Lesson 11: Licensing, Credentialing and Privileges
Stay legal and official
The key to streamlining the licensing, credentialing and privileging process is making sure you have key documents on hand, ready to be sent. If it seems redundant, it is. But that’s the reality of the process and being prepared is your best strategy.
The Uniform Application for Physician State Licensure (UA) standardizes, simplifies and streamlines the licensure application process for physicians. Fill out the UA online application once, then use it whenever you apply for licensure in another state that accepts or requires the UA for the rest of your career.
The process of obtaining a medical license—either initial licensure or a second or subsequent license in another state—can be very challenging. To help navigate the licensure process and provide up-to-date information on licensure requirements around the country, the AMA publishes the State Medical Licensure Requirements and Statistics.
The recently-formed Interstate Medical Licensure Compact launched, streamlining the process for physicians to get licensed in multiple states. Read more about it in our guide.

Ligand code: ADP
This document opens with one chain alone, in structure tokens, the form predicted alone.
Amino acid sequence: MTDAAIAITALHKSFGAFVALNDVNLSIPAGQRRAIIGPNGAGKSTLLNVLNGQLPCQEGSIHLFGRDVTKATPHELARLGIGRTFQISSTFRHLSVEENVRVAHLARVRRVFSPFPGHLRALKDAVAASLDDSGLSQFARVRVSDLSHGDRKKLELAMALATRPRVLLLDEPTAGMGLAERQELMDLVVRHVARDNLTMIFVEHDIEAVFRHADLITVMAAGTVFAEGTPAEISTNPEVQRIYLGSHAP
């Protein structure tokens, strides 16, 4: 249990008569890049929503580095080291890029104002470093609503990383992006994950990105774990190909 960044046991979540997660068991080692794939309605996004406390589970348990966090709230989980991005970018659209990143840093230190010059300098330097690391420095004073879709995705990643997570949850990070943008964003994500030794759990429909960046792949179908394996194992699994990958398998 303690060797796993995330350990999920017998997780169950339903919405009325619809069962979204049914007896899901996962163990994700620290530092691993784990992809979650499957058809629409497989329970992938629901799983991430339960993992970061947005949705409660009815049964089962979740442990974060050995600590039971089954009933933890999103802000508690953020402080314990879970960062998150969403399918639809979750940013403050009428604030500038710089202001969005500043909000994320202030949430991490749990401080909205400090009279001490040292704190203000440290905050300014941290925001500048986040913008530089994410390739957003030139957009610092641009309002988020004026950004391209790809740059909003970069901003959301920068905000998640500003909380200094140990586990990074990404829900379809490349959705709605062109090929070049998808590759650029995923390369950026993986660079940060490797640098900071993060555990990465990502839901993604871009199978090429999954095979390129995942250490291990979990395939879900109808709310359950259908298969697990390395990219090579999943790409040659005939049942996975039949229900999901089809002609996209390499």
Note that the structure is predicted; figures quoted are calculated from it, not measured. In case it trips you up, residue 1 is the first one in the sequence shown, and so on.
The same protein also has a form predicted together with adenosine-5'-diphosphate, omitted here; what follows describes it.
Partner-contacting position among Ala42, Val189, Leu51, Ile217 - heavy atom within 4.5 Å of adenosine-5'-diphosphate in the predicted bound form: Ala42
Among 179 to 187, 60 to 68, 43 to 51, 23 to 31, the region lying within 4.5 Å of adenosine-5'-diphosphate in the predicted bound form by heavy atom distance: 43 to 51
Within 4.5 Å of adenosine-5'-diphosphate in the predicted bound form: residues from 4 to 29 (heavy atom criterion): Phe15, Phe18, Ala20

Credentialing for hospital privileges can take a long time. Your health plan credentialing depends on your privileges, so you must start the process early.
Learn as much as you can about hospital credentialing before you begin, to make the process easier.
Once approved, the committee appoints the physician to the medical staff for one year on the initial appointment and every two years after that.
Privileges can be denied if doctors don’t have enough training and/or can’t show they are competent, lose their medical licenses in other states, are excluded from Medicare or Medicaid or have previously been found guilty of fraud or abuse.
Privileges can be suspended if a physician does not perform enough of the specified procedure or treat enough of a patient type to stay proficient.
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